Prof. Jacob de Boer about GenX on RAI Uno
24 October 2016
Prof. Jacob de Boer was interviewed briefly about GenX in a programme on RAI Uno. This chemical has been used by Chemours chemical company in Dordrecht since 2012 to make Teflon, a material which is used in non-stick surfaces for example. Chemours markets Genx as a safe alternative to perfluorooctane acid (PFOA), which is carcinogenic. De Boer explained in the programme that Genx does not remain in the body as long as PFOA (the body eliminates the substance within a few days); however, it does dissolve more easily in water. That makes it more likely to enter the water supply than PFOA. Since the substance is persistent and does not decompose easily, toxicologists expect it to start accumulating in drinking water within a few years. Watch the broadcast (starts at 45 min. 50 secs.).
Teflon plant Chemours is is emitting cancer-causing chemicals
20 July 2016
Dordrecht teflon plant Chemours (formally DuPont) is emitting a cancer-causing chemical into the atmosphere which endangers the health of workers and locals, the Volkskrant said on Wednesday. The substance, known as GenX, has been shown to cause cancer, liver and kidney disease and fertility issues in mice and rats, the paper said. Toxicologists are now calling on Chemours to stop emissions of GenX via the plant chimneys. ‘You cannot just spread this sort of poison in residential areas,’ toxicology professor Jacob de Boer told the paper (source: www.dutchnews.nl). Read more
Professor Jacob de Boer interviewed on TV about poisonous fish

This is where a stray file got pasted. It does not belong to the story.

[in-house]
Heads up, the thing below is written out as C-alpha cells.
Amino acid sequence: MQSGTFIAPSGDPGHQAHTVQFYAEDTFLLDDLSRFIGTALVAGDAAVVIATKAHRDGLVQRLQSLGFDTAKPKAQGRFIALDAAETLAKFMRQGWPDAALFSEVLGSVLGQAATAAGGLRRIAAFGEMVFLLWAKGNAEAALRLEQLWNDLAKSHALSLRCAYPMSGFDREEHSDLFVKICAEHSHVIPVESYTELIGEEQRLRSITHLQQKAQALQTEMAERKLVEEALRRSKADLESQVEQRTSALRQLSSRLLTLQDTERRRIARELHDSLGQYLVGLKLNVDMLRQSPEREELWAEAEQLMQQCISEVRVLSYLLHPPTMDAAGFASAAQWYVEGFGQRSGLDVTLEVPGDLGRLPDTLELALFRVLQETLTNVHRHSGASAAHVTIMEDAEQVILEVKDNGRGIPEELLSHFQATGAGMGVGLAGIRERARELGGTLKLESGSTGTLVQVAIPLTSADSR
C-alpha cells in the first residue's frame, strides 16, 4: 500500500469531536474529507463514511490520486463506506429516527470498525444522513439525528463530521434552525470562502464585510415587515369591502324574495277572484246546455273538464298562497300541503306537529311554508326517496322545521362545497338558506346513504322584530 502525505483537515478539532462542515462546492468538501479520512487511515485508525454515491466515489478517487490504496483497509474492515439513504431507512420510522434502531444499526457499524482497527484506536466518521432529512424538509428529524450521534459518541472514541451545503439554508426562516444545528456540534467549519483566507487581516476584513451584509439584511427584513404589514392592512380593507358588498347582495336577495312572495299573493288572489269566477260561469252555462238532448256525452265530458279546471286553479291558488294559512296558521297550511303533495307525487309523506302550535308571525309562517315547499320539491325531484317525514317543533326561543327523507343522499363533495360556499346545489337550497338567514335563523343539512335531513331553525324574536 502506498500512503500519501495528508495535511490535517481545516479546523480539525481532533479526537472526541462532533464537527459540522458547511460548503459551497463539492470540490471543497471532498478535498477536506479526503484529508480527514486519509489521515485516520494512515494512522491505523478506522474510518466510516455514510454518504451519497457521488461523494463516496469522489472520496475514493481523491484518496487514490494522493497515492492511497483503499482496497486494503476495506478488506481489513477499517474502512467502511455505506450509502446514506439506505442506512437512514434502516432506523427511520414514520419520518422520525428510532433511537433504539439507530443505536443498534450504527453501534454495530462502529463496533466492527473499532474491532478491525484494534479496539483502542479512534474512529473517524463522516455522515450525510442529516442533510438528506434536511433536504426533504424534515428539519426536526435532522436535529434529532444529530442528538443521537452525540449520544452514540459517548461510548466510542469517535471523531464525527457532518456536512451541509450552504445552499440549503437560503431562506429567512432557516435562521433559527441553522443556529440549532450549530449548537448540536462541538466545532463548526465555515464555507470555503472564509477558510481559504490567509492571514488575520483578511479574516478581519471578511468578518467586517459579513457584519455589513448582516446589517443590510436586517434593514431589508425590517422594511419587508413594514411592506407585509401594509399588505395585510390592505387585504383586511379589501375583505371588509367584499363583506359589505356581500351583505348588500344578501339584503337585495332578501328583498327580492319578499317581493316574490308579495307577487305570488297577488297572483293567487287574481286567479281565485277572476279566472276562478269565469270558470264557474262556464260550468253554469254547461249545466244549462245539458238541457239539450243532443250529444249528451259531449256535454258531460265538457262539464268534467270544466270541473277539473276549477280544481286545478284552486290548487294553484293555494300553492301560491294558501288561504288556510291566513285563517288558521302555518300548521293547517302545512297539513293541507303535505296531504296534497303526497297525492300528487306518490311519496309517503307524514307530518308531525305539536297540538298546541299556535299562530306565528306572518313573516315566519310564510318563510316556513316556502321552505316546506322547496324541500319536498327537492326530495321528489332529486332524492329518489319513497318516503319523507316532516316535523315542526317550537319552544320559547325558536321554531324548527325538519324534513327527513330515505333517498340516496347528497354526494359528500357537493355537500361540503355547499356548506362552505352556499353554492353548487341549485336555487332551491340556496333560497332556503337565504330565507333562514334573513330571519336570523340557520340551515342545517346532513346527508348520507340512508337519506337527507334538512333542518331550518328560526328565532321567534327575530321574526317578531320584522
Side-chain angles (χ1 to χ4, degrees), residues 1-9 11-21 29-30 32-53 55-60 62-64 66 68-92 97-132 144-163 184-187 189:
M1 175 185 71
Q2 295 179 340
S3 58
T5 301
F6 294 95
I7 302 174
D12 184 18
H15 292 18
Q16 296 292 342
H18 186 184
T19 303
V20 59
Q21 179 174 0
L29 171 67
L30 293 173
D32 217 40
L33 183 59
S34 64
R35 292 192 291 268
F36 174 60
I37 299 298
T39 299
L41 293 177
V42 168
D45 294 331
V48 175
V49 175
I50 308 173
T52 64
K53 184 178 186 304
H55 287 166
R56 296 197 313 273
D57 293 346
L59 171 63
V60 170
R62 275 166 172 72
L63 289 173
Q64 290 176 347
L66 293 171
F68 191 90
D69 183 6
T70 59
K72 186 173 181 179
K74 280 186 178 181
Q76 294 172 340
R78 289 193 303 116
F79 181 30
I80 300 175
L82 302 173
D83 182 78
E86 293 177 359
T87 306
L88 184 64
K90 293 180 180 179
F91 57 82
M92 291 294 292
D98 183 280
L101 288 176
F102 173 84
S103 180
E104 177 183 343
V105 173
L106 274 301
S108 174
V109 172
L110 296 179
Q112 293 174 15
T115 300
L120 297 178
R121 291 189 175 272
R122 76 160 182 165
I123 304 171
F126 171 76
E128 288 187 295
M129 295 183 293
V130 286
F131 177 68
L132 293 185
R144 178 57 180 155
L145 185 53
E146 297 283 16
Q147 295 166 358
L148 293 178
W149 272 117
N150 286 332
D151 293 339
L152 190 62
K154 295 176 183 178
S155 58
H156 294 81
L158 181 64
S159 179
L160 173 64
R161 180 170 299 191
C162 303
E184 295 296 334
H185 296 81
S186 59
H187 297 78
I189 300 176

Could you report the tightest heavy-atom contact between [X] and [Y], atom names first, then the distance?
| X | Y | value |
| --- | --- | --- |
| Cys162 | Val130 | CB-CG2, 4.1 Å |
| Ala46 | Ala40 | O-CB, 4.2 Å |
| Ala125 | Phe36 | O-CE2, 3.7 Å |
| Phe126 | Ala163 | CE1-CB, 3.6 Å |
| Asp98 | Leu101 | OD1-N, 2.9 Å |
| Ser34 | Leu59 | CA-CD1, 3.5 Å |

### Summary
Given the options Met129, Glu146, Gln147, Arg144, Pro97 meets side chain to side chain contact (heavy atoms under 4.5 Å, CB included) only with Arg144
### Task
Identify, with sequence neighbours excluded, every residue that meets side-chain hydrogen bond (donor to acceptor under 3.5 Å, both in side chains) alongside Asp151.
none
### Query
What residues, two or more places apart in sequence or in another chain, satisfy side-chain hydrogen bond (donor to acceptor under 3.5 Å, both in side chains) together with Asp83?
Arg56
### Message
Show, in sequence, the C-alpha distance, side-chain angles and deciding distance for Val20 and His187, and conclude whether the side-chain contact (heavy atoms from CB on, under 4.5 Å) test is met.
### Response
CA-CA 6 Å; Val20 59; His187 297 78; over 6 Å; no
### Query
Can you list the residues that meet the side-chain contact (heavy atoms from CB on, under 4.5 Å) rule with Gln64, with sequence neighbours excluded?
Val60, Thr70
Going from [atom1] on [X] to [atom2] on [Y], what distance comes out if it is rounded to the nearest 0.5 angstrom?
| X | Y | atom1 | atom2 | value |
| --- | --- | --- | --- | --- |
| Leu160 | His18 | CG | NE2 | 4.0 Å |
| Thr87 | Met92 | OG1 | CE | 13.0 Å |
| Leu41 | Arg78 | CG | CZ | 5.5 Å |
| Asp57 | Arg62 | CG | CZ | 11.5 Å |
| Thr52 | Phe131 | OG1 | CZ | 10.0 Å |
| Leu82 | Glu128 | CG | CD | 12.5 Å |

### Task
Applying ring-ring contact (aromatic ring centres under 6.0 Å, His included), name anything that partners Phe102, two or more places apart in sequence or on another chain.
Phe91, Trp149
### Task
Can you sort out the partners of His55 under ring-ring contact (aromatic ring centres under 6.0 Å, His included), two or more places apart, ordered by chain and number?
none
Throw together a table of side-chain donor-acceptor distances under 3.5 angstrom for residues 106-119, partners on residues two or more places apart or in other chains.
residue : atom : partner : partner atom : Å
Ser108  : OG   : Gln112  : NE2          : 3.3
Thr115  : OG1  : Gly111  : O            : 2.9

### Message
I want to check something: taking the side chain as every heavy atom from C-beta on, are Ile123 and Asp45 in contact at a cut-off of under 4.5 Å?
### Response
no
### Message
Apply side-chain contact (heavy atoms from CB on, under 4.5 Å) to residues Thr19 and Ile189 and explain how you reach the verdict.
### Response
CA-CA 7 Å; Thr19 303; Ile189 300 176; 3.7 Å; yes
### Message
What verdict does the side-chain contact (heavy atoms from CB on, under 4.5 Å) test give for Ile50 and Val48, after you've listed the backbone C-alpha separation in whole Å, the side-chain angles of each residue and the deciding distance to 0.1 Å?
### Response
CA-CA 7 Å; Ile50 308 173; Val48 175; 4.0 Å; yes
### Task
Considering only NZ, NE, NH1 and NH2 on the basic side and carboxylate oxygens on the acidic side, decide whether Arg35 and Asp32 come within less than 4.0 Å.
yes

28 June 2016
Around fifty people die each year from what is known as ciguatera: a disease contracted by eating fish containing the poison ciguatoxin. This poison is found in algae and tropical fish such as barracuda and bass, which eat other fish that have consumed the algae, thus storing the poison in their body. Algae containing the poison mostly grow in the Caribbean. The risk of poisoned fish entering the Dutch market is miniscule. ‘Because inspection is so thorough here’, toxicologist Jacob de Boer explains. But he advises anyone holidaying in the Caribbean to be cautious.
Late evening meals do not cause children to gain weight
17 May 2016
Eating meals after eight in the evening does not cause children in England to gain weight. That is the conclusion of a King’s College London study led by nutritionist Dr Gerda Pot, currently working at VU University Amsterdam and King’s College London. Her findings contradict previous research which suggested a possible link between eating late in the evening and an increased risk of obesity and metabolic disorder. The study was published in the British Journal of Nutrition.